A 34-year-old Hyattsville man who was convicted of killing a 4-year-old girl and injuring her parents and sisters in a drunken-driving accident July 13 was sentenced yesterday to 12 years in prison.
Marcos P.S. Amaya was convicted in December of 18 alcohol- and driving-related charges, including auto manslaughter in the death of Nadine Younis.
Howard Circuit Judge Diane O. Leasure, who tried the case instead of a jury, sentenced Amaya to 10 years in jail on the manslaughter conviction, with all but six years suspended.
She added six more years, to be served consecutively, for conviction on charges related to the serious injuries suffered by Nouran Younis, 7, and Yara Younis, 23 months. Both spent 11 days in the hospital with skull fractures after the incident.
Amaya received credit for 117 days served in jail awaiting trial, and, after his sentence, will face five years of supervised probation with counseling, Alcoholics Anonymous meetings and abstinence from alcohol or drugs.
He was fined $200 for driving without a valid license.
Amaya, a Honduran immigrant, was remorseful at sentencing, and offered a statement, written in Spanish and read aloud by a translator. It said, in part, "I beg you to forgive me. ... I repent before the parents of the little girl, the court and God."
But Leasure, noting the tragic nature of the accident, said, "It is hard for the court to imagine anything more difficult than burying one's children."
Assistant State's Attorney Danielle Duclaux requested the 12-year sentence, saying, "This is a case that screams out for a harsh penalty."
Mohamed Younis and Ghada Elmetwally had spent the day with their children in Annapolis and then stopped at Chick-fil-A for dinner on the day of the crash.
Younis had turned the family's Nissan Sentra onto the Executive Park Drive ramp leading to Route 100 when Amaya's Jeep crossed the median, hit a pole and crashed into the car from behind, according to trial testimony. It appeared that Amaya did not brake before the collision.
Witnesses testified that they saw Amaya swerving and driving erratically before the crash. He admitted having at least five alcoholic drinks before he got on the road, and the police found his blood-alcohol level to be 0.19.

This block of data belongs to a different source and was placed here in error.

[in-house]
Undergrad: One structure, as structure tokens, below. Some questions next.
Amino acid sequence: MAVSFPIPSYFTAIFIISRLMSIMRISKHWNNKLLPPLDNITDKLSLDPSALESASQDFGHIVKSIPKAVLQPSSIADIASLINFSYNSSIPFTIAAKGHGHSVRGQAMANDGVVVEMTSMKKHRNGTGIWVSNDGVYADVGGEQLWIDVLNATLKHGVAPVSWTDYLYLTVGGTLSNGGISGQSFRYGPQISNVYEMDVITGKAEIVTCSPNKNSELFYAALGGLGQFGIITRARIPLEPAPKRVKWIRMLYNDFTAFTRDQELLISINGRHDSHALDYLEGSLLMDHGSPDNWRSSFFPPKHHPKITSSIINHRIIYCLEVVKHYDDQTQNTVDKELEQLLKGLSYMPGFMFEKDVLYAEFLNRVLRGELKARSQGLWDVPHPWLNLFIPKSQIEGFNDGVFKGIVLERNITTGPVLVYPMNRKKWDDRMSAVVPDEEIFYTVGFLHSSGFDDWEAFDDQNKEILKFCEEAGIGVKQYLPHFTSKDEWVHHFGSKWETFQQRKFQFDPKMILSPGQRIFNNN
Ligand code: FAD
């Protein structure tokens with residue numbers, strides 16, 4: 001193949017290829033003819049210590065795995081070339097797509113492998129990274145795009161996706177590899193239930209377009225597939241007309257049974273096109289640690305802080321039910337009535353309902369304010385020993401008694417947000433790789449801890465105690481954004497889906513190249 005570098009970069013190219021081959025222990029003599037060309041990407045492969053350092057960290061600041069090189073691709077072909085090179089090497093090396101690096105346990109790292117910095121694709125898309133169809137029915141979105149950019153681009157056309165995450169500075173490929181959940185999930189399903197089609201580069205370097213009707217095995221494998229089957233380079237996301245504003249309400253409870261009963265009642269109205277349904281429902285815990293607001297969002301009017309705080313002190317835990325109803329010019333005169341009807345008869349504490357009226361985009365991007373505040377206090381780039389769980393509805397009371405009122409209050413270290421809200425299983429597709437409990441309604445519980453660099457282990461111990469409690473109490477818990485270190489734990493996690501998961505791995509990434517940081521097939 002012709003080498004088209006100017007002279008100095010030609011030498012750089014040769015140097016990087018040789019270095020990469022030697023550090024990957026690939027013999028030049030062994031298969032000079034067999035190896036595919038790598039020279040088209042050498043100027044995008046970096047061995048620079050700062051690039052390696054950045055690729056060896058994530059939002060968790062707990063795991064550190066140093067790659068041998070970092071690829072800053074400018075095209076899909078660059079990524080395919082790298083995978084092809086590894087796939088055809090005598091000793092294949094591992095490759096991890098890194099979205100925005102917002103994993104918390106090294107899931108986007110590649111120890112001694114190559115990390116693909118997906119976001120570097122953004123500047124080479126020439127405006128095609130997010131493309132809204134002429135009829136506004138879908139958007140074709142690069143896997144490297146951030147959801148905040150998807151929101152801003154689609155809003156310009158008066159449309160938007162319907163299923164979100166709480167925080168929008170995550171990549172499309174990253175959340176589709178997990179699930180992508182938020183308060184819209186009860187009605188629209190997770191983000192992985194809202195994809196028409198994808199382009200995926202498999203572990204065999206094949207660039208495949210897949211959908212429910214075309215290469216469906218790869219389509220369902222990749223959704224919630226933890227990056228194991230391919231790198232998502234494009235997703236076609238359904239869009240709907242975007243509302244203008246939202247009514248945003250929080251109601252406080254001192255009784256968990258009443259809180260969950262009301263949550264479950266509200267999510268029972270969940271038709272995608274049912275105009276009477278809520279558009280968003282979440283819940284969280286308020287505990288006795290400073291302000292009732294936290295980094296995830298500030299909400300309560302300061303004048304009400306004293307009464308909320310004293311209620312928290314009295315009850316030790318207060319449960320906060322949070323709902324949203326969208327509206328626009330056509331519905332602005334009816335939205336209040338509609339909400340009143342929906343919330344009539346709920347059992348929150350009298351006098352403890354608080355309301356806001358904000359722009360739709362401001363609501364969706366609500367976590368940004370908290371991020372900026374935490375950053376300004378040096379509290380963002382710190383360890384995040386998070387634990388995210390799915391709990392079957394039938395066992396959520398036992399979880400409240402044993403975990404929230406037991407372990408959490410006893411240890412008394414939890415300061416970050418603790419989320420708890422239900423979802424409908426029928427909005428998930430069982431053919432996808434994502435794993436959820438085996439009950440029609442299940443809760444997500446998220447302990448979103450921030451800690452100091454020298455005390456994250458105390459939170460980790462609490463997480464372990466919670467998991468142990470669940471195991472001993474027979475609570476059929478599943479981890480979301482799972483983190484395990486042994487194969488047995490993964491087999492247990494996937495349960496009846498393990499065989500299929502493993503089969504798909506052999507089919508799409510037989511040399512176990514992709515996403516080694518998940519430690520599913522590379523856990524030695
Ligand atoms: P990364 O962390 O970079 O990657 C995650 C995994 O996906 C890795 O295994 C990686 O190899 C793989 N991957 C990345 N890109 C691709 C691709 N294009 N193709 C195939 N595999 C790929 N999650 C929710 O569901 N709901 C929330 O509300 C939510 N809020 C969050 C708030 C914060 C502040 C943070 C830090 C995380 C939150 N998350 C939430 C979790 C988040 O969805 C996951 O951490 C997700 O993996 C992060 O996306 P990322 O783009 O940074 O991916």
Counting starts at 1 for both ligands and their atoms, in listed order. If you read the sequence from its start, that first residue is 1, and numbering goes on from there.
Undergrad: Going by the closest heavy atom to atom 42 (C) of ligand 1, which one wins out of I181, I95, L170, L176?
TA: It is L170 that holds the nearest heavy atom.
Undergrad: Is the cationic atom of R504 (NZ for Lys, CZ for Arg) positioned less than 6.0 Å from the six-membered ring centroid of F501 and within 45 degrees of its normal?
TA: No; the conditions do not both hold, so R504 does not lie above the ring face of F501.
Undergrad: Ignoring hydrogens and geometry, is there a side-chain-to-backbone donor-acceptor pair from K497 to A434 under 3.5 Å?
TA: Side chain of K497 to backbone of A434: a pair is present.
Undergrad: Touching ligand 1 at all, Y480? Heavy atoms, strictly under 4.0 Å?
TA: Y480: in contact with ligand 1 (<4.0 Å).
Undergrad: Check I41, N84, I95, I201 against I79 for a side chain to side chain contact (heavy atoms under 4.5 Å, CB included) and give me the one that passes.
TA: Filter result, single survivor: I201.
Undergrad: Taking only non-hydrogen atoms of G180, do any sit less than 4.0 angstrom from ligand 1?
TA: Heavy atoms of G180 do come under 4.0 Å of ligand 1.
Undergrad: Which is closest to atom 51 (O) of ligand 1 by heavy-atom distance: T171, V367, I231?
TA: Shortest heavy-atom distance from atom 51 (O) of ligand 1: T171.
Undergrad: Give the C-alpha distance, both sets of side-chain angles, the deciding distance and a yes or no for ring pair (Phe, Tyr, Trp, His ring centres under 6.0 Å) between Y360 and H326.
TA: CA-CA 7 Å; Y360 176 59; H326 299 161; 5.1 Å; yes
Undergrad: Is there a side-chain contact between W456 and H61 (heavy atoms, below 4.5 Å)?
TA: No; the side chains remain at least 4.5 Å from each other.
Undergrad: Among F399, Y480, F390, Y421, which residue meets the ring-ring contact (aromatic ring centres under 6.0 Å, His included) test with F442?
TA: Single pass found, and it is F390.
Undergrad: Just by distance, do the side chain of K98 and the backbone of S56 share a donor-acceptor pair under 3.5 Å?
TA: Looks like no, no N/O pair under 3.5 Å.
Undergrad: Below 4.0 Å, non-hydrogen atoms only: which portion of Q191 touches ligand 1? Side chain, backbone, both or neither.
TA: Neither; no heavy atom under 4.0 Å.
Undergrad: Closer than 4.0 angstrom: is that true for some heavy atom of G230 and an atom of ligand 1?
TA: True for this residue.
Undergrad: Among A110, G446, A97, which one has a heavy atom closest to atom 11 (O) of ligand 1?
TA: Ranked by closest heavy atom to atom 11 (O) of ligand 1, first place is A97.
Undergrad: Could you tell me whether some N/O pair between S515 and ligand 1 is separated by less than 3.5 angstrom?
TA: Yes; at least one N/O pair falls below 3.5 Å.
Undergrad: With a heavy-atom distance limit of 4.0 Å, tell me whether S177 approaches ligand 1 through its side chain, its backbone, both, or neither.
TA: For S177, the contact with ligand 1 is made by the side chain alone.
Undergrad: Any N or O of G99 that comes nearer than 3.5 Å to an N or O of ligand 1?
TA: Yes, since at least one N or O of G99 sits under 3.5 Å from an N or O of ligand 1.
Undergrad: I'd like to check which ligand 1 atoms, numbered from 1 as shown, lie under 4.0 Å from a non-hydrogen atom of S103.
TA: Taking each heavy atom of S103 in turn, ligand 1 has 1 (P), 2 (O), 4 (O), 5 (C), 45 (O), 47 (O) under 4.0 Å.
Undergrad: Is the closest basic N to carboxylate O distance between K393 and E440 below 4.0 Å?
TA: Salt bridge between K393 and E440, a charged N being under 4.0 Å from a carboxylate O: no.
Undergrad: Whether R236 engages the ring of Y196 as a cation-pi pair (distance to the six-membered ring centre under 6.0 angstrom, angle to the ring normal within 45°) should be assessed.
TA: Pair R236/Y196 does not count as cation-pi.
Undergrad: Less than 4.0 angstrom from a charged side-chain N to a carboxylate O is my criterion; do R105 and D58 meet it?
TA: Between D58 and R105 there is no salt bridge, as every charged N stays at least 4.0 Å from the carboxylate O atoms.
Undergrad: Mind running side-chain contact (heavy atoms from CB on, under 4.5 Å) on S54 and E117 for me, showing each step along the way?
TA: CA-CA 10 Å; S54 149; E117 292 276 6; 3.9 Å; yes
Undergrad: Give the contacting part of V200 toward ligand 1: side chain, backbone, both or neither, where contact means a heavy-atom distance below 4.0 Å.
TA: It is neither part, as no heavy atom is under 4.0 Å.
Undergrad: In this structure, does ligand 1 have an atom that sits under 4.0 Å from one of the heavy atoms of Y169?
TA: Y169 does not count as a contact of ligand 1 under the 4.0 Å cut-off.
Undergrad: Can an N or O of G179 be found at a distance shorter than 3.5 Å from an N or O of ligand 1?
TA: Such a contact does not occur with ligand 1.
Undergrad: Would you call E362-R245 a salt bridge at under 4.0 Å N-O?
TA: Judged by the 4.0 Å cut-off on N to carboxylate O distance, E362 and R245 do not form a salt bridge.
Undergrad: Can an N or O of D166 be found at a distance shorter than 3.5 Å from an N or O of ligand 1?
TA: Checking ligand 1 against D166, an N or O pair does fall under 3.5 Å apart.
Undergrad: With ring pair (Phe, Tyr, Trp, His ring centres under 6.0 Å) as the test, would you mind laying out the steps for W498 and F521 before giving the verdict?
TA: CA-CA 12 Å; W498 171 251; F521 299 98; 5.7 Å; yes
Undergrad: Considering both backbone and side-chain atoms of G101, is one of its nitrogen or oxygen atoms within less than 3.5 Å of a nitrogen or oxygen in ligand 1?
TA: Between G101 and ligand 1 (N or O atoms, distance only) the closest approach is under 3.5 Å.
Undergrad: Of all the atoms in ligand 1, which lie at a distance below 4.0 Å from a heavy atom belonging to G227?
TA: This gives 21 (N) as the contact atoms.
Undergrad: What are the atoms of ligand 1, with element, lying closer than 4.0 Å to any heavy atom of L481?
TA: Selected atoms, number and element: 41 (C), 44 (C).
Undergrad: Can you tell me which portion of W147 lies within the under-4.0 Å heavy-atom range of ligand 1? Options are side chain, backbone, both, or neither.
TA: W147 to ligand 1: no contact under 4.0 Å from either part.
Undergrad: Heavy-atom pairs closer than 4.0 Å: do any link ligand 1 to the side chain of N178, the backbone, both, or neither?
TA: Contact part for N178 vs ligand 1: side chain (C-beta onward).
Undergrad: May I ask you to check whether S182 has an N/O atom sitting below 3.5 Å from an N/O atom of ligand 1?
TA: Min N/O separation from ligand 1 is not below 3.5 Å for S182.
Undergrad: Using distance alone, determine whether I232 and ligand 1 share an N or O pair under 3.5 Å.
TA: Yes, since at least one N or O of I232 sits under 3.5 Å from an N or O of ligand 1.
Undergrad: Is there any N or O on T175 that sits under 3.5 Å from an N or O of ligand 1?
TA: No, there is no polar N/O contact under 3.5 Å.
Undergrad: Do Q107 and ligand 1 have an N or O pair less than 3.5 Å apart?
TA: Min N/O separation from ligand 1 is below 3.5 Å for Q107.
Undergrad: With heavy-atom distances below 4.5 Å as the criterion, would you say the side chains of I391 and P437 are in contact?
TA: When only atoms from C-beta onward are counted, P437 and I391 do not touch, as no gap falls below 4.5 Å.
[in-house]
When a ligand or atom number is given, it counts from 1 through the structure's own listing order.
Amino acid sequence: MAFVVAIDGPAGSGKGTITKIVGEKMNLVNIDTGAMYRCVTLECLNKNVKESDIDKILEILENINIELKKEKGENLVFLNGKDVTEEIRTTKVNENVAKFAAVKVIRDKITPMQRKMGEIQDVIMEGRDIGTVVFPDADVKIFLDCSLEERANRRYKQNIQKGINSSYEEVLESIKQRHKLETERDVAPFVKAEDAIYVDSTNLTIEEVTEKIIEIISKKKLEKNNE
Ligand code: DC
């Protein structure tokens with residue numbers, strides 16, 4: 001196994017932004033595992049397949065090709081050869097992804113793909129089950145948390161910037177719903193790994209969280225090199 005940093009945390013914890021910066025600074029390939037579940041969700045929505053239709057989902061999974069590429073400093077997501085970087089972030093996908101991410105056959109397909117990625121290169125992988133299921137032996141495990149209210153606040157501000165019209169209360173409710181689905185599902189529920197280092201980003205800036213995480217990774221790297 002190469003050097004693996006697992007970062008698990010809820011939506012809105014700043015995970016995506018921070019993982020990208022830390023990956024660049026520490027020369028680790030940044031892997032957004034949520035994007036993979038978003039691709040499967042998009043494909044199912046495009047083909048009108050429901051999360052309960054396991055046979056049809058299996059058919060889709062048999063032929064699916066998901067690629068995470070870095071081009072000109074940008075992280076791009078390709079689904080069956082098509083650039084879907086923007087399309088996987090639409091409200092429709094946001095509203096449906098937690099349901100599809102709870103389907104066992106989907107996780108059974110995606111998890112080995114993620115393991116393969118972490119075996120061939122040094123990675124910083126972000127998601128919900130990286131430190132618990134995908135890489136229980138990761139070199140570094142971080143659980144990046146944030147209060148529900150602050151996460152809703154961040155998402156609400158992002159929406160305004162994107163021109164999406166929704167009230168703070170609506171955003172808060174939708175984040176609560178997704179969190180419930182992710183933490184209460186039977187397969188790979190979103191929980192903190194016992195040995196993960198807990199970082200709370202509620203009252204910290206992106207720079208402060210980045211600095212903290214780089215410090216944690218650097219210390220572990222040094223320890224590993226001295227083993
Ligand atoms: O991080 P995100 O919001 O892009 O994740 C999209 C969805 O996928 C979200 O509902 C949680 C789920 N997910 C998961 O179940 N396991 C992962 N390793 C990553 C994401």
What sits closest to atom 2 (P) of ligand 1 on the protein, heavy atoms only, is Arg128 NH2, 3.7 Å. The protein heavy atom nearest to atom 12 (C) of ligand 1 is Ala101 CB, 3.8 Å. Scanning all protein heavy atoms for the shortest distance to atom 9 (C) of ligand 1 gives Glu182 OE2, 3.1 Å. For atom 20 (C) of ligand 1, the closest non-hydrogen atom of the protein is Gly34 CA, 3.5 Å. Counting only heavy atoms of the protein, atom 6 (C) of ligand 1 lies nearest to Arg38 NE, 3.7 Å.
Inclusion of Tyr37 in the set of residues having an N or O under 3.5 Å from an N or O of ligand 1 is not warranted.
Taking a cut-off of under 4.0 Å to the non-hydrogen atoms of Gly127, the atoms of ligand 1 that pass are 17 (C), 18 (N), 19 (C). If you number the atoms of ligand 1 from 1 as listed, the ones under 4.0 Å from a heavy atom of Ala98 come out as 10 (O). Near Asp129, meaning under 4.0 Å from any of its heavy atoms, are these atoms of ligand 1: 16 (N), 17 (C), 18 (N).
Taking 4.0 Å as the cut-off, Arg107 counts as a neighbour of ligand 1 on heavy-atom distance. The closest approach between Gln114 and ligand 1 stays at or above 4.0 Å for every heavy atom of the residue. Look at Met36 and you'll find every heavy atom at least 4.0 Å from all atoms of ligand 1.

In a statement submitted to the court, Younis, a computer science professor at the University of Maryland, Baltimore County, said Amaya's actions "caused a disaster in our life and left [an] untreatable wound in our heart."
He said Nouran and Yara are recovering, but the family faces substantial medical bills. His wife has had difficulty resulting form a neck injury, and he is being treated for neck damage that caused numbness in his arm and severe pain.
"There is no word that can describe the shock, sadness and grief that we have been going through for the loss of Nadine," he said. "Whatever anyone can ever imagine is a very tiny fraction of what we feel.
"She was a joyful child. ... Life is tasteless without her."
The conclusion of the criminal case will allow the family to move forward with a $10 million civil suit against Amaya, filed in August.
It will be difficult for the family to get money from Amaya because it appears he does not have insurance or personal savings, said William E. Erskine, the attorney representing the family in the civil case.
But, Erskine called Leasure's sentence "significant." He said the family members "feel better that at least for 12 years, Mr. Amaya won't have the ability to do this again."